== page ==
By Terence Clarey
The event was almost canceled due to the unpredictability of New England weather but because of heavy interest, the Somerville Museum decided to go ahead with a scaled down version of a lecture celebrating Black History Month entitled The Somerville I Didn’t Know: The Influence of Africans, West Indians and African Americans on Somerville, 1630-1860. The event was introduced by Cambridge African American Heritage Trail Committee member Kathleen Walcott, and featured Somerville native, poet, and storyteller, Alice Mack.
Much is still to be learned of the earliest African American and West Indian peoples who called Somerville home, and sometimes they have been discovered at random. Walcott said she was “floored” when told by the pastor of her church that one of the elderly members, who bore a striking resemblance to escaped slave, author and abolitionist Fredrick Douglass, was none other than his grand niece, Ruth A. Jones. It is believed that Jones was the first black graduate of Somerville High School and may have been one of the first blacks to vote register to vote in Cambridge. Also, because she had such a beautiful voice, may have also been one of the first black telephone operators in the area.
It is known that in Somerville’s early days there was quite a bit of prejudice sentiment in the city against allowing blacks to live and buy property in the city but, in spite of this, an enclave of blacks sprung up in the areas of Somerville and Cambridge that were once the site of Camp Cameron, a way station for Union Troops traveling south to fight in the Civil War. It was close to a branch of the Boston and Maine Railroad and after the war the land was sold off, and many black porters who worked on the trains for a number of years and had saved money, could afford to buy parcels and build their houses in the area around Malvern Ave. and Elmwood.
Alice Mack discussed the role that cotton played as the engine that drove the early American economy after the invention of the cotton gin and increased the demand for slaves. After it was harvested on vast southern plantations, the cotton was sent north to the textile factories in Massachusetts where it was woven into cloth and sent for finishing to places like “The Bleachery” on Somerville Avenue where they produced finished material to be used to produce cloth to be used by clothing manufacturers, and especially the linings of steamer trunks. For a time the Bleachery, which stood on the land now occupied by the Conway Ice Rink, was the biggest business in Somerville and it was all supported by the hard work of African American slaves in the south.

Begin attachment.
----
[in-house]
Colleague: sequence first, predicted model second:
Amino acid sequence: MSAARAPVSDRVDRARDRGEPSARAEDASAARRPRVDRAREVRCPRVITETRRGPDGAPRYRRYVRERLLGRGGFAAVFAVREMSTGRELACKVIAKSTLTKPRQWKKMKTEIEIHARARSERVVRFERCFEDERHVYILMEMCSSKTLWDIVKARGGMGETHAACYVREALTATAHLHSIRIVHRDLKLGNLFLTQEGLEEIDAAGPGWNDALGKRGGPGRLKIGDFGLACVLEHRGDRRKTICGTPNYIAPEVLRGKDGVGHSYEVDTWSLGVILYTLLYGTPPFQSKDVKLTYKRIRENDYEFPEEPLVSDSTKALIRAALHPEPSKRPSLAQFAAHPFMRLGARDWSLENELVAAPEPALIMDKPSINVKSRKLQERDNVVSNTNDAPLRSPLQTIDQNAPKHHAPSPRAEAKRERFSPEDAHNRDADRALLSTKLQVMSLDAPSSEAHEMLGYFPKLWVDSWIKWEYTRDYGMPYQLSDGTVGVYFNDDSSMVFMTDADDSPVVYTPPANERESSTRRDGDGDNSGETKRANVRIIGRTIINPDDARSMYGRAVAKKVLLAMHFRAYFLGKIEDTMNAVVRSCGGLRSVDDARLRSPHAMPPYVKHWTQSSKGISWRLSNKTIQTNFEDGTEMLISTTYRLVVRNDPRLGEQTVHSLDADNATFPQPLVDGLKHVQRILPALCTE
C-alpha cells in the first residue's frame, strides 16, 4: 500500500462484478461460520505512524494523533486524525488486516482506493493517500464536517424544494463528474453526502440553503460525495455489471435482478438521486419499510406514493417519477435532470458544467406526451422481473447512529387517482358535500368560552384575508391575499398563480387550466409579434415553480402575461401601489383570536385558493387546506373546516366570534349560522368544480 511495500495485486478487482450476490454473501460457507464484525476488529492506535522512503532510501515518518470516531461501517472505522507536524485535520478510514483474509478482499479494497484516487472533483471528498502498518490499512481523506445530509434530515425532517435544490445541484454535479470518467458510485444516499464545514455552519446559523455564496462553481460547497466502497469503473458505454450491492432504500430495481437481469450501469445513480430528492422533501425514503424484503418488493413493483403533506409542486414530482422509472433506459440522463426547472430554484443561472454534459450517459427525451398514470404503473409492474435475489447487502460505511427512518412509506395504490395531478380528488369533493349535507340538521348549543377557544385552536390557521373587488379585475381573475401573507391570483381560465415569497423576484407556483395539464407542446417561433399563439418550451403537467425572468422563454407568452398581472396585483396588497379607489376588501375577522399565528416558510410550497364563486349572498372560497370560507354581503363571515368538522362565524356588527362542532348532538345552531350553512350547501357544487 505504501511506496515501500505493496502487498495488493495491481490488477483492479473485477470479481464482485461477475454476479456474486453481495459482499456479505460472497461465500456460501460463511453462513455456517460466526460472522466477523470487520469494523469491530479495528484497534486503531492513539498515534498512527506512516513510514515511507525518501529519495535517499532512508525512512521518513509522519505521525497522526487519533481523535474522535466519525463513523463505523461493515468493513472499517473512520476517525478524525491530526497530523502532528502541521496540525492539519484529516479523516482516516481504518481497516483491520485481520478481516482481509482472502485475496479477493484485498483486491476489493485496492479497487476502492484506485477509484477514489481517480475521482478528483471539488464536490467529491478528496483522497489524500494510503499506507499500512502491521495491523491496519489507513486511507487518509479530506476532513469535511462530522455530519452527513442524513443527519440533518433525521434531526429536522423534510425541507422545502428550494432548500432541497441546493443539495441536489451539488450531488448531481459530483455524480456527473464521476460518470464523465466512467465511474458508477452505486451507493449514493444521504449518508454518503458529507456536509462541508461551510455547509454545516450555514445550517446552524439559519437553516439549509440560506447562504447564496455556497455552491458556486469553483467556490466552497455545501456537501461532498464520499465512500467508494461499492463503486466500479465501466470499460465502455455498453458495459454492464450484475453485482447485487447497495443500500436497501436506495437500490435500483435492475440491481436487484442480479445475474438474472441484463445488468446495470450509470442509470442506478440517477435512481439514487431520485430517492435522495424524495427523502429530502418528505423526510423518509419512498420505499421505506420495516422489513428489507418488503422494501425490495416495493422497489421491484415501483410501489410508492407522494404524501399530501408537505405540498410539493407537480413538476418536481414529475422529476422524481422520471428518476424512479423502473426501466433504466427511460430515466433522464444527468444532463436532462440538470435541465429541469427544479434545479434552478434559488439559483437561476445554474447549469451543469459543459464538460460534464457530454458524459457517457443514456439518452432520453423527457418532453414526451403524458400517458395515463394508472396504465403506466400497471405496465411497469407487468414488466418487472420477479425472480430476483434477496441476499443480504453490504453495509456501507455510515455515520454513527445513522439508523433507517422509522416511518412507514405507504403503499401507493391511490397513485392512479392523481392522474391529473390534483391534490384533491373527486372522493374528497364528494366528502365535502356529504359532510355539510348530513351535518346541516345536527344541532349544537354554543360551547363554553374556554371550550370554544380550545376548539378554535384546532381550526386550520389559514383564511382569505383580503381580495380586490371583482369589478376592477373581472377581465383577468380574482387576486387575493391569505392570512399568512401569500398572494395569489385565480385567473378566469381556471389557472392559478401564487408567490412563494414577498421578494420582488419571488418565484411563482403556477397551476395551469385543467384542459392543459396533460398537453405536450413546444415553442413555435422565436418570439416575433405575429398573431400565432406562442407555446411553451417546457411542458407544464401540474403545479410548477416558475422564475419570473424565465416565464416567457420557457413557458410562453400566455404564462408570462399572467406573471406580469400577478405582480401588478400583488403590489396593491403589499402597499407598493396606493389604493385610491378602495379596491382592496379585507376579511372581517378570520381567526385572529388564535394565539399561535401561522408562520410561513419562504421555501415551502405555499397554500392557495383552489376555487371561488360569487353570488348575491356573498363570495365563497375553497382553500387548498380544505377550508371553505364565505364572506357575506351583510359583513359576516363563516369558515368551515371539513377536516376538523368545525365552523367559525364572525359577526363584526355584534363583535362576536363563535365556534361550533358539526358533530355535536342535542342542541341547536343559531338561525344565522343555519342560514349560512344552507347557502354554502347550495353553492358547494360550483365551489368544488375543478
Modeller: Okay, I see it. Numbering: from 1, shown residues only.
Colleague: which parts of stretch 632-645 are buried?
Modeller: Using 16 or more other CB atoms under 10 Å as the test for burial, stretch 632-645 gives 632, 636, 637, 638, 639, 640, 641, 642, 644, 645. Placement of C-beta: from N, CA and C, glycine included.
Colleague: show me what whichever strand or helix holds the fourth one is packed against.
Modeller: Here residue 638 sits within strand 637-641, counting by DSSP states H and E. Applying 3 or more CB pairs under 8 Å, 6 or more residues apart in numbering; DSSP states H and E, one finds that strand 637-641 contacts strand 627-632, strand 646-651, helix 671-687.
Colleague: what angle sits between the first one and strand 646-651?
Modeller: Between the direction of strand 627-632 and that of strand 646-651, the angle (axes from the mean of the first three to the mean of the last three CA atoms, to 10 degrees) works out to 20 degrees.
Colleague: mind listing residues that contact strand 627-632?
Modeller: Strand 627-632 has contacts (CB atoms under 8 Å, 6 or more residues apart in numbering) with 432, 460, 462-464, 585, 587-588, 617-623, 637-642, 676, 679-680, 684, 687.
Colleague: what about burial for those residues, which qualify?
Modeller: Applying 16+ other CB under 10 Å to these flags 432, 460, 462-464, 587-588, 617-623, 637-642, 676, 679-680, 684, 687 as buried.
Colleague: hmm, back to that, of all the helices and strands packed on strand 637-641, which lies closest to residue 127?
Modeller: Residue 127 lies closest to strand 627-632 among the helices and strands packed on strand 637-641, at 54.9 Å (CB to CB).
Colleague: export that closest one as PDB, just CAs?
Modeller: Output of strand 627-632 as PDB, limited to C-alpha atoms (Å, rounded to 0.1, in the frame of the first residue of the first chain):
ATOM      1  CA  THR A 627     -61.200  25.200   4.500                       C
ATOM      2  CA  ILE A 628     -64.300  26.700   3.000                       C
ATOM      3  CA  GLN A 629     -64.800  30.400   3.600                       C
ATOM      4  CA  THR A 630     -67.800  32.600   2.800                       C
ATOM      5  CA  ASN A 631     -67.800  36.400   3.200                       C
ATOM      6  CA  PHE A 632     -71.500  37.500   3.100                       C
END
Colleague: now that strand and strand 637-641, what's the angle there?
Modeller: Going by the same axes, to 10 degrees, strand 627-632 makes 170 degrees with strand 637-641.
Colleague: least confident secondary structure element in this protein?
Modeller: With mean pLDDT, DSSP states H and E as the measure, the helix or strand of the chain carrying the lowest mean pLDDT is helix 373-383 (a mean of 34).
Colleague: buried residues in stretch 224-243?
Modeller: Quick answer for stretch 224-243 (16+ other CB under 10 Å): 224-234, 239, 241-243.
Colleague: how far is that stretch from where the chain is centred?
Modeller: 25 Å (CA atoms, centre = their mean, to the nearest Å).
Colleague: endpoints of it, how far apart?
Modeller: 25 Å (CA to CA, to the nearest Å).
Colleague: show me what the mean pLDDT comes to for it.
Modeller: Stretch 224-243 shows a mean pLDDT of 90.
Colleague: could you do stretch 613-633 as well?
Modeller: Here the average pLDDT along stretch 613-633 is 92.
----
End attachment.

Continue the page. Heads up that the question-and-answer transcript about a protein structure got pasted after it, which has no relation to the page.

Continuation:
She finished with the story of Peter Still, which played out like a real-life Django Unchained, without all the gratuitous violence. His speaking tour to raise funds to free his family brought him to Somerville where residents took him in and helped him raise a significant amount of money to help his cause.
The uncertainty of putting on the event left the presentation somewhat incomplete, so the lecture will be held again on June 19. There is still much to learn and discover, so between now and then there could be even more history that emerges regarding the African Experience in Somerville in the meantime.
The Somerville Museum will be hosting a fundraiser for building improvements on March 19 at the First Methodist Church at 1 Bow Street in Union Square. Food and beverages will be served and there will also be live music. For more information about upcoming events, to add information about the history of Somerville, or to make a donation to the Somerville Museum, you can visit their website at www.somervillemuseum.org.